As an Anglo-Mayan-Hispanic melting pot, Belize is unique.
From 1500BC it was Mayan territory. English and Scottish buccaneers arrived from 1638 onwards, using the coast as a base for operations against the Armada. The country was first christened British Honduras in 1840 and later became a crown colony. In 1973 the now autonomous territory was renamed Belize, but full independence was only granted in 1981. English is the official language and remains a lingua franca, alongside Belizean Creole, Spanish and Mayan languages.
Top five attractions
- The peaceful and preened island of Ambergris Caye.
- The 600km-long barrier reef – often ranked just below the Red Sea and Great Barrier Reef as a dive experience.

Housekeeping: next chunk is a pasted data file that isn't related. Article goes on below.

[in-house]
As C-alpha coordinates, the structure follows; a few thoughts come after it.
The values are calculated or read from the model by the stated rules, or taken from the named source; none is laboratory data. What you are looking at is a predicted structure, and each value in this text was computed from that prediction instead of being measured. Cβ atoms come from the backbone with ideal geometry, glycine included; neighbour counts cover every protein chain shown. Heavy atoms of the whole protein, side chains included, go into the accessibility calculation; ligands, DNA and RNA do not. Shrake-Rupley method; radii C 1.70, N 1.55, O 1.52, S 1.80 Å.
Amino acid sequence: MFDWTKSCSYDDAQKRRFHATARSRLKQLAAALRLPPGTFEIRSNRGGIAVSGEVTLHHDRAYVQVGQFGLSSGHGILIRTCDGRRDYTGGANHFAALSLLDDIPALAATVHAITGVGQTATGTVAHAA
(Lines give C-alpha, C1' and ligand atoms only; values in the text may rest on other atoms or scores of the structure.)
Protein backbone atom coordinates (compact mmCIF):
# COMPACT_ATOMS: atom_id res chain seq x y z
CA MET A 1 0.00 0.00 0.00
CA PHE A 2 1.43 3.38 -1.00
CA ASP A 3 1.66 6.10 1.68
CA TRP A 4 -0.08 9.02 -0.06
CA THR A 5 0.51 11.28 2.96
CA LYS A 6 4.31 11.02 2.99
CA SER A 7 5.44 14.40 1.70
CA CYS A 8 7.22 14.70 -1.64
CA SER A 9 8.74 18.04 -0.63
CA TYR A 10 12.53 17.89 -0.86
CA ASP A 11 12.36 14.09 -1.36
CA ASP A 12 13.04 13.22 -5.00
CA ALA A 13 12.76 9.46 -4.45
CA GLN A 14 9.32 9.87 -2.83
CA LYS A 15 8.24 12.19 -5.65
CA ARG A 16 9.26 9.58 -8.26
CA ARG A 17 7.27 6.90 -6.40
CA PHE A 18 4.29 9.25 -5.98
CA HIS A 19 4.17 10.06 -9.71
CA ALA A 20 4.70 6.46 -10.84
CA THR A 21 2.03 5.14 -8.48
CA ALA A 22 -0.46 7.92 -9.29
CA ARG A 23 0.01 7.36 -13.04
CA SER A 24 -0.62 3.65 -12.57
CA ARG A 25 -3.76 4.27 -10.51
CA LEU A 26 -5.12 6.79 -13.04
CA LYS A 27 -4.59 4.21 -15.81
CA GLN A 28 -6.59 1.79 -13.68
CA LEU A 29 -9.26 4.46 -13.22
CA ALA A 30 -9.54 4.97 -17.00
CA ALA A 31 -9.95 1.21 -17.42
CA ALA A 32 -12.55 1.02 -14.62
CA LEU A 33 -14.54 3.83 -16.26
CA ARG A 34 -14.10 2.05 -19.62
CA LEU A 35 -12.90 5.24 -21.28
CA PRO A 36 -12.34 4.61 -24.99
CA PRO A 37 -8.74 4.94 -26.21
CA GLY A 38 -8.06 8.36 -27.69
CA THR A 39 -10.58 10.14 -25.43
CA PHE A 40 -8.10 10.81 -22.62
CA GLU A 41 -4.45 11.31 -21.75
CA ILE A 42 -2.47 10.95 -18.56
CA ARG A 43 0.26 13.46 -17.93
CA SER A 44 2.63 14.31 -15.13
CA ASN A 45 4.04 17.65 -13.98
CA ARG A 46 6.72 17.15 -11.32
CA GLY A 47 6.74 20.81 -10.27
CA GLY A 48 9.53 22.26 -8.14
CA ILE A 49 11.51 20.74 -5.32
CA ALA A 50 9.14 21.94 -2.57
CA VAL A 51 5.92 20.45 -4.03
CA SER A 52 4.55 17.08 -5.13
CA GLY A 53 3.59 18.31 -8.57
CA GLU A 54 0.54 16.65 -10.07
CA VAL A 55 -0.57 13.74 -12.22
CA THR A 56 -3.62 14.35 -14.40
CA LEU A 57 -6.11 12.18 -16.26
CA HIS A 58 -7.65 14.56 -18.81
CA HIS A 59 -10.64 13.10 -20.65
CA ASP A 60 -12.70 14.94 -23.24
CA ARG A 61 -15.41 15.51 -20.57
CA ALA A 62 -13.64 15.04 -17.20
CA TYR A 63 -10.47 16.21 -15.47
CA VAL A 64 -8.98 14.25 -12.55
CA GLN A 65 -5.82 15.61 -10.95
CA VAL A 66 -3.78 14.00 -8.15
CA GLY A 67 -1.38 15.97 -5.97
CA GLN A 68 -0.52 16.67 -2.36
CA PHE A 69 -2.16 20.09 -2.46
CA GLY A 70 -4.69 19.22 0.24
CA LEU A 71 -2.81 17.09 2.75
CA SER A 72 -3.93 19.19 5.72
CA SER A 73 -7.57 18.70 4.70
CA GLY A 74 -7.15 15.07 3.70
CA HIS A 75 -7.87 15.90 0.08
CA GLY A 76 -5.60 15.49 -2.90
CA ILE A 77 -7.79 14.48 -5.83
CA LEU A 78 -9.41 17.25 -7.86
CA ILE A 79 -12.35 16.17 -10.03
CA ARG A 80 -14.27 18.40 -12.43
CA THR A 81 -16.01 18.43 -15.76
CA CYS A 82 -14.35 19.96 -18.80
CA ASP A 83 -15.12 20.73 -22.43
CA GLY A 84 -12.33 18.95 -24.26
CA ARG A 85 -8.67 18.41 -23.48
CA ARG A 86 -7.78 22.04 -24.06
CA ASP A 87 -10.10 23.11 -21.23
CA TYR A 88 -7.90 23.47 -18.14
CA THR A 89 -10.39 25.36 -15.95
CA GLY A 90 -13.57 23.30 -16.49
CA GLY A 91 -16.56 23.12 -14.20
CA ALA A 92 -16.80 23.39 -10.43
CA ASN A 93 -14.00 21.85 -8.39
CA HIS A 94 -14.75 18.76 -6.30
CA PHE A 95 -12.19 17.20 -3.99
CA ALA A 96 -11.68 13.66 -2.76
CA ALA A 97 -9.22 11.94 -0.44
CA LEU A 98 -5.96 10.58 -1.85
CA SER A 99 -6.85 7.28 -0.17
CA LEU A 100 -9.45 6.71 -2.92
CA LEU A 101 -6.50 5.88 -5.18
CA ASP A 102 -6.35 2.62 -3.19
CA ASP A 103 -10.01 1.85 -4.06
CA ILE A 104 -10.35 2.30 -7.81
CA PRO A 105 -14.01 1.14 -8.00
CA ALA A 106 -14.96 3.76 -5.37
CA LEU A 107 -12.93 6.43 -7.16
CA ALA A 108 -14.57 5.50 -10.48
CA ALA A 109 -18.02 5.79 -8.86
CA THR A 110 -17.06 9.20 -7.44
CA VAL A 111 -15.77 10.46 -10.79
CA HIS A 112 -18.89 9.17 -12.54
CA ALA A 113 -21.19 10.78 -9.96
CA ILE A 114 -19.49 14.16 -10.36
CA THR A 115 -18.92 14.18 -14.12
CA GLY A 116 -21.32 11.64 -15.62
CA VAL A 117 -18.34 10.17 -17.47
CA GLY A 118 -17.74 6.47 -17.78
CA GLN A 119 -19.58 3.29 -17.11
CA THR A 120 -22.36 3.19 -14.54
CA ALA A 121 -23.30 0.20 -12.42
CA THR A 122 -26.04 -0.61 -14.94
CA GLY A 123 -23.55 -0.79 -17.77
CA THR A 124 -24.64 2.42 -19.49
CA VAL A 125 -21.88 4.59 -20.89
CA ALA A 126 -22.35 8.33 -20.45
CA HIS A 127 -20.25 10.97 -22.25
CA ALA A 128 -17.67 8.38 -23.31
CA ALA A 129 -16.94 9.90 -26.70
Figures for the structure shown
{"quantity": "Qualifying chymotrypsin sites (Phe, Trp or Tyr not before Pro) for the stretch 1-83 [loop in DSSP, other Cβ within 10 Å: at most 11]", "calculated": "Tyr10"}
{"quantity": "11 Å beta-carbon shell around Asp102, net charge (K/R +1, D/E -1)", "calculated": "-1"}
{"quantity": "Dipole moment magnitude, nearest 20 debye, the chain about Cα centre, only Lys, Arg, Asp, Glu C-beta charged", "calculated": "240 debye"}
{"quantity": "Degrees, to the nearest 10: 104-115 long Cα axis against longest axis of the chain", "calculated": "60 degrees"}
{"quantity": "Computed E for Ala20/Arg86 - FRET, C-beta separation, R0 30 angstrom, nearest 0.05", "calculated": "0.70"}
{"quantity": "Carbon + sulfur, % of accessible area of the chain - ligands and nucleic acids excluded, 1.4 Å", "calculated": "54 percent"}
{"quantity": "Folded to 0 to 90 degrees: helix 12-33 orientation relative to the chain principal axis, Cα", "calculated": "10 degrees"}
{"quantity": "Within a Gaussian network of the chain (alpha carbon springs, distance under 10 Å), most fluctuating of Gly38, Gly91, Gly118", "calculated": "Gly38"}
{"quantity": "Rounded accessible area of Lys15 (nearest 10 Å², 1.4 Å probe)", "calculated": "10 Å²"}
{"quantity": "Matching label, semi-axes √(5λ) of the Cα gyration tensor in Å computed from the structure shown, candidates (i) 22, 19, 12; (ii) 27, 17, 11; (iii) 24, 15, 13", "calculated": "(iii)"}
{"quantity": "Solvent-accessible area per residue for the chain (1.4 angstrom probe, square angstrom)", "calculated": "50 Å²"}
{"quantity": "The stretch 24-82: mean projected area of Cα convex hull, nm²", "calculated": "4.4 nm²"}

- The Mayan site of Caracol.
- The Cockscomb Basin Wildlife Sanctuary.
- Low-key, laid-back Caye Caulker.
Belize City, the former capital, has more wooden buildings than most modern cities and looks like the sort of place Popeye might have lived; catch a Garífuna music gig, and soak up, or slalom, Belize’s street life. Belmopan, the capital since 1970, is dull and functional.
Souvenir to buy
Just take home the money – it looks like pirate currency with some great treasure island pictures on it, alongside the Queen’s head.
Far from being off the map, Belize has been visited by Ringo Starr, Madonna (the main hamlet in Ambergris Caye is San Pedro as in “I fell in love with…”), Harrison Ford and Cyndi Lauper; Francis Ford Coppola opened a luxury resort, Blancaneaux, in the Maya mountains back in 1993.
‘The Last Flight of the Scarlet Macaw’ by Bruce Barcott. The dramatic story of one woman’s struggle to save a beautiful bird and her fight against a Canadian power company planning to build a dam that would destroy its habitat.
By Chris Moss, Teleraph Journalist.